Finding all classes of interest is as simple as:

List<Class<?>> classes = new Reflections("com.myapp", new TypeAnnotationsScanner()) .getTypesAnnotatedWith(Component.class); 


After finding all classes that the application needs we move on to instantiating these. Since we required all classes to have a default constructor we can simply call Class::newInstance for each of the classes found.

List<Object> beans = classes .map(cls -> cls.newInstance()); 


After instantiating all classes we're left with injecting dependencies where they are needed. All of the classes we found can potentially include fields annotated with @Inject, meaning they're dependent on another class. Hence we need to iterate through the list of beans and connect them together.

beans .forEach(bean -> { ReflectionUtils .getAllFields(bean.getClass(), withAnnotation(Inject.class)) .forEach(field -> { Object value = resolve(field, beans); field.set(bean, value); }); }); 

We iterate through all beans, finding all fields annotated with Inject and set their value. resolve can be implemented rather straight forward by just finding the first bean which can be assigned to the field-type.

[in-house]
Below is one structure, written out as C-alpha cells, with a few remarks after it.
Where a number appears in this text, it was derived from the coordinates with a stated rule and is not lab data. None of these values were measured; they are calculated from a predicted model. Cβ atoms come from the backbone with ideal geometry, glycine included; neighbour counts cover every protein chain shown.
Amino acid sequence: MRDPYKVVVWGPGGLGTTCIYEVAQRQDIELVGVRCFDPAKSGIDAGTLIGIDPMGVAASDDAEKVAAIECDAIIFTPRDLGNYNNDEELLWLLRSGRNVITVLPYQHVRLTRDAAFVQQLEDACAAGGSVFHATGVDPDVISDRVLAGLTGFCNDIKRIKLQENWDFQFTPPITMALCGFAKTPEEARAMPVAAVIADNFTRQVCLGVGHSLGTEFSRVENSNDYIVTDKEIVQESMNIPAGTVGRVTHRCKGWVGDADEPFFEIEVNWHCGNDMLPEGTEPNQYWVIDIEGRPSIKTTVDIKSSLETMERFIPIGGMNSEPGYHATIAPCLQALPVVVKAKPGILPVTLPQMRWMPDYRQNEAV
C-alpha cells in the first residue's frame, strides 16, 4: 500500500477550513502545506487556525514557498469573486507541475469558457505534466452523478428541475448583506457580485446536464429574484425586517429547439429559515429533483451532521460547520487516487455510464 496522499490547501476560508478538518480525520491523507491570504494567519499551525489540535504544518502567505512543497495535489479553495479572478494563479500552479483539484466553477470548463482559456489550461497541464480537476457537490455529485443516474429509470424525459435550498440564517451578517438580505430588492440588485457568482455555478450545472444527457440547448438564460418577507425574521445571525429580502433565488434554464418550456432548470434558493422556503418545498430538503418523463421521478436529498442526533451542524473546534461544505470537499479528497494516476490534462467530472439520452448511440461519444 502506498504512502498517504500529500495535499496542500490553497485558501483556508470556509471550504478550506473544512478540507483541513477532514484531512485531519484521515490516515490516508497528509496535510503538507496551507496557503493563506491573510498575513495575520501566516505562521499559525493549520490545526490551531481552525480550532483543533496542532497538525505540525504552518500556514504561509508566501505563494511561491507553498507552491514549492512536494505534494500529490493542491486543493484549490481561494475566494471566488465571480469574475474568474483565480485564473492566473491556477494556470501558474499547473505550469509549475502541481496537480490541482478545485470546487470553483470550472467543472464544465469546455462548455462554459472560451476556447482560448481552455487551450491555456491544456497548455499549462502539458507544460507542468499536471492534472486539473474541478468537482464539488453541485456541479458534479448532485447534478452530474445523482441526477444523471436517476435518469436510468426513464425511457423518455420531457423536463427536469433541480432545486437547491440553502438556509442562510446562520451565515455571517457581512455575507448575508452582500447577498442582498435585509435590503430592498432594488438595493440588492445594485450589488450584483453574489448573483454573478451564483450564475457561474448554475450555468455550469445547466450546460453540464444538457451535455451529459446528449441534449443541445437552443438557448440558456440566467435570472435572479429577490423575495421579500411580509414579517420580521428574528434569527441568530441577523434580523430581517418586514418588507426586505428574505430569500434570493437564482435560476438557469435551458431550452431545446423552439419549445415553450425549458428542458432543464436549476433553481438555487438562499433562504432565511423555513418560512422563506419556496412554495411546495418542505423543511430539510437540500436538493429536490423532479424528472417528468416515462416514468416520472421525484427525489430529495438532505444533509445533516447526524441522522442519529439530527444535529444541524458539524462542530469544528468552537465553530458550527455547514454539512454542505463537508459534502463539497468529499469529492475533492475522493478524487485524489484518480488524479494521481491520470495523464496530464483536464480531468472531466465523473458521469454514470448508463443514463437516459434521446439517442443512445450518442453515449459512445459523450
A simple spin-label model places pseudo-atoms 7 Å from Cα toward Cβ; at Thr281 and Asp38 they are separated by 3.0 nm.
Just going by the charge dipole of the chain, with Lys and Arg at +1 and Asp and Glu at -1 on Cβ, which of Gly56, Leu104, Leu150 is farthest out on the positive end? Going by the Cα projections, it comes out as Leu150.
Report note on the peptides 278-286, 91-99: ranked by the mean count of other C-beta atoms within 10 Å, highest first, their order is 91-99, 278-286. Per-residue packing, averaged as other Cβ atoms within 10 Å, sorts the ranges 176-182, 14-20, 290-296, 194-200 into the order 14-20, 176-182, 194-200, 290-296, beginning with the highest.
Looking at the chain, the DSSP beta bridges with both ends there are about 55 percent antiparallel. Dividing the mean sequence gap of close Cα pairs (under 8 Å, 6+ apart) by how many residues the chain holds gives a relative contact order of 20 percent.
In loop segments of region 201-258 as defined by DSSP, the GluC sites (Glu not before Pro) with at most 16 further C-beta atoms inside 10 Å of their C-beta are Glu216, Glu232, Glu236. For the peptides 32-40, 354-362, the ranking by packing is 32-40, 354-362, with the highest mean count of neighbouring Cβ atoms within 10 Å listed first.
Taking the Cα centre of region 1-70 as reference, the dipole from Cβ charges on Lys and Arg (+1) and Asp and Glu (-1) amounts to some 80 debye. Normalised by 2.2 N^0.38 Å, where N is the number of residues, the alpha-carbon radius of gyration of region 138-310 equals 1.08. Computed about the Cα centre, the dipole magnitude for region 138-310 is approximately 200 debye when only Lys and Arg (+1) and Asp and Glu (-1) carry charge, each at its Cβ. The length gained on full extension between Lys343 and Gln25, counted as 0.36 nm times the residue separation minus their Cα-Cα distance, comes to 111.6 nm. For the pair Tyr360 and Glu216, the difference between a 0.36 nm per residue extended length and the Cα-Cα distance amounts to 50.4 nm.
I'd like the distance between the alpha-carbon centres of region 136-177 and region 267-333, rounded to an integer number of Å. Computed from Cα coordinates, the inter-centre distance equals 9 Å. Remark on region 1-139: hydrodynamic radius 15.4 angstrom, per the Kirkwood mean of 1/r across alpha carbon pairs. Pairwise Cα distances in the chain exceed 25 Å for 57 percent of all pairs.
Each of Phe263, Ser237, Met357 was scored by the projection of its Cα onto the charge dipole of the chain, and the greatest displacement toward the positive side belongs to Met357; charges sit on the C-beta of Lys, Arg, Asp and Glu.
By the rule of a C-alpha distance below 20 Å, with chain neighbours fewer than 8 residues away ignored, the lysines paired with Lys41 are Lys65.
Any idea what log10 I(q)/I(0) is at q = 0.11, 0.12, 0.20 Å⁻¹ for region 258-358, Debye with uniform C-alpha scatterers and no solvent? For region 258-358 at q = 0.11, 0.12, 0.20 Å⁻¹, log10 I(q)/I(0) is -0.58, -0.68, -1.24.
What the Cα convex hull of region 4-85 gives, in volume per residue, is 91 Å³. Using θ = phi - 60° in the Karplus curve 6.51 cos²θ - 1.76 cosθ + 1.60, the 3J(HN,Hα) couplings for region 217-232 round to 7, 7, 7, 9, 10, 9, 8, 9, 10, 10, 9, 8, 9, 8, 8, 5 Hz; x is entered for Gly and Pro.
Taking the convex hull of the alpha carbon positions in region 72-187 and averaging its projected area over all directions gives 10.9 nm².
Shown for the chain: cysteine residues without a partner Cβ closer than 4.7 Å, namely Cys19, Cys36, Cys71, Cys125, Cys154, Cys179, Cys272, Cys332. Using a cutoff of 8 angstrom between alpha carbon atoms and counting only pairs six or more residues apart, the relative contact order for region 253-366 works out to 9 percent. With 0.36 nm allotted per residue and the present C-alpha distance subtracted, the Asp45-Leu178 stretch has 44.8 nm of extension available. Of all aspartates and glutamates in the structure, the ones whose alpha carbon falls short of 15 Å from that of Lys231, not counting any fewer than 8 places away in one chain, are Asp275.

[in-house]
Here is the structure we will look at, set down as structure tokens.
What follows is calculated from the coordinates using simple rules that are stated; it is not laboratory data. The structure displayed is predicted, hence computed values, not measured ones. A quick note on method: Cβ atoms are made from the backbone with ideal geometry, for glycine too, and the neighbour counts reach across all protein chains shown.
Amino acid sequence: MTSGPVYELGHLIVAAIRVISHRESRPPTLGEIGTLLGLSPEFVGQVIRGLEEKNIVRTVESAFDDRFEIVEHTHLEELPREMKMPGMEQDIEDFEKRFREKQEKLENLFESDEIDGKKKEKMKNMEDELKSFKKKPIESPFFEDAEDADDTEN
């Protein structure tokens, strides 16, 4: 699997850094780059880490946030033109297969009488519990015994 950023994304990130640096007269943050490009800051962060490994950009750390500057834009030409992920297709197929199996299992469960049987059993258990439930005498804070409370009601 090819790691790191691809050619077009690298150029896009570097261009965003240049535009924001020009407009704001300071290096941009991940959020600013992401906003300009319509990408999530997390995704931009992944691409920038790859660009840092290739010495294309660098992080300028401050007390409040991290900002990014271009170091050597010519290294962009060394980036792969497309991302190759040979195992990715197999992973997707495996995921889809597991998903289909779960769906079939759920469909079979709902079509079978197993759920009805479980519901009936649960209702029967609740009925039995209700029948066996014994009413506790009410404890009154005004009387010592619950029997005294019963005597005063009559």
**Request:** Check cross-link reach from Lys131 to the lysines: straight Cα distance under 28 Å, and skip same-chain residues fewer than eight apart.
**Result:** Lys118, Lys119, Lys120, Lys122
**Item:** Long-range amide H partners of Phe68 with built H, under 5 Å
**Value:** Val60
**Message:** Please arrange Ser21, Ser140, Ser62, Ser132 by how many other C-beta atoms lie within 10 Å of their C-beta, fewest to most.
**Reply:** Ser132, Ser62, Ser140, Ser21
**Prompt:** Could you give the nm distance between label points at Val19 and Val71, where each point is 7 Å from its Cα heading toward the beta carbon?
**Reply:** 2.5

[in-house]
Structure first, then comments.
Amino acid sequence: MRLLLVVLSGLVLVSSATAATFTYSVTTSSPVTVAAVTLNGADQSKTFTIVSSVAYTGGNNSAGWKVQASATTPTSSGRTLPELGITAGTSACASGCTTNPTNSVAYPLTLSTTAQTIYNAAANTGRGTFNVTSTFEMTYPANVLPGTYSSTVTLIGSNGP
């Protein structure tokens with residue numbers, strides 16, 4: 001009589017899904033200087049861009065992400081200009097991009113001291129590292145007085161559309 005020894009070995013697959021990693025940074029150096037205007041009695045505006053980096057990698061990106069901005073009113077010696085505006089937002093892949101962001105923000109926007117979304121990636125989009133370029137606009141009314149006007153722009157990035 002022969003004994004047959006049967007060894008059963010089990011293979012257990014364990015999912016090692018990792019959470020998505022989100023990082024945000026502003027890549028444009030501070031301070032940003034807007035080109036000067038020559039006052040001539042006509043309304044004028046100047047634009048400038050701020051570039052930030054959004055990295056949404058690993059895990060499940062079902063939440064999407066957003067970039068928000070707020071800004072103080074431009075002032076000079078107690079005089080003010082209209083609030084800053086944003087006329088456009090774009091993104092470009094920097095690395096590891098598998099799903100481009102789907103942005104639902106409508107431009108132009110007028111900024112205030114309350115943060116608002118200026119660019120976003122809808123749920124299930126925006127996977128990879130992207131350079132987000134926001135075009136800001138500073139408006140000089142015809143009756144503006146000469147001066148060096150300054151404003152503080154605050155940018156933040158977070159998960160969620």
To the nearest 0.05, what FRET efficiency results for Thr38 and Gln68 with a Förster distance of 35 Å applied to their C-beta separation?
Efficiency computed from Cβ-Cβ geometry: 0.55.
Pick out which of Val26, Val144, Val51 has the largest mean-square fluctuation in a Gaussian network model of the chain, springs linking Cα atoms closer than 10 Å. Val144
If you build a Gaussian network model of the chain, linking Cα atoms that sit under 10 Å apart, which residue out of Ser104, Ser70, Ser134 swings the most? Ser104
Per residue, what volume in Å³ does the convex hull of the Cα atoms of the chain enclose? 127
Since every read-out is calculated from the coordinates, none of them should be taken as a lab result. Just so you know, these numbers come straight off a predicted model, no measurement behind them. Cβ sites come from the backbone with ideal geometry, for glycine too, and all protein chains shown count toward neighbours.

At this point the DIY library has completed its job, and we should now be able to run DIY.get(Controller.class) and receive a instance of Controller with all fields populated by DIY.

Complicating matters

We made a lot of assumptions and made a really scoped down version of what you may expect from a DI framework. Some of the issues include:

Having multiple beans of the same type. There is no way to differentiate between beans of similar types. Spring provides a way of naming your bean; @Bean(name = "my-awesome-controller"), and then requesting that specific bean by using @Named("my-awesome-controller") in addition to @Inject.

Code in the constructor of a bean. Strictly speaking you may create a default constructor and add some code there. But since the bean is instantiated before the injection-phase it will not have the resolved values at that point. Spring's solution comes in the form of the annotation @PostConstruct, which can be added to a method in the class and executed whenever Spring has injected the requested dependencies.

Constructor Injection. Some people prefer constructor injection instead of field injection. E.g allowing classes to specify a constructor with its dependencies instead of annotating every field. This is supported in Spring by simply annotating the constructor instead of each field in the class. For this to work the library needs to instantiate classes in topological order (hence circular dependencies will no longer work).

The @Bean annotation. We did not use the @Bean annotation in our library. Supplementing the scanning phase to support the annotation can be achieved by scanning for all classes including methods annotated by @Bean, instantiate the containing class, and invoking the annotated method.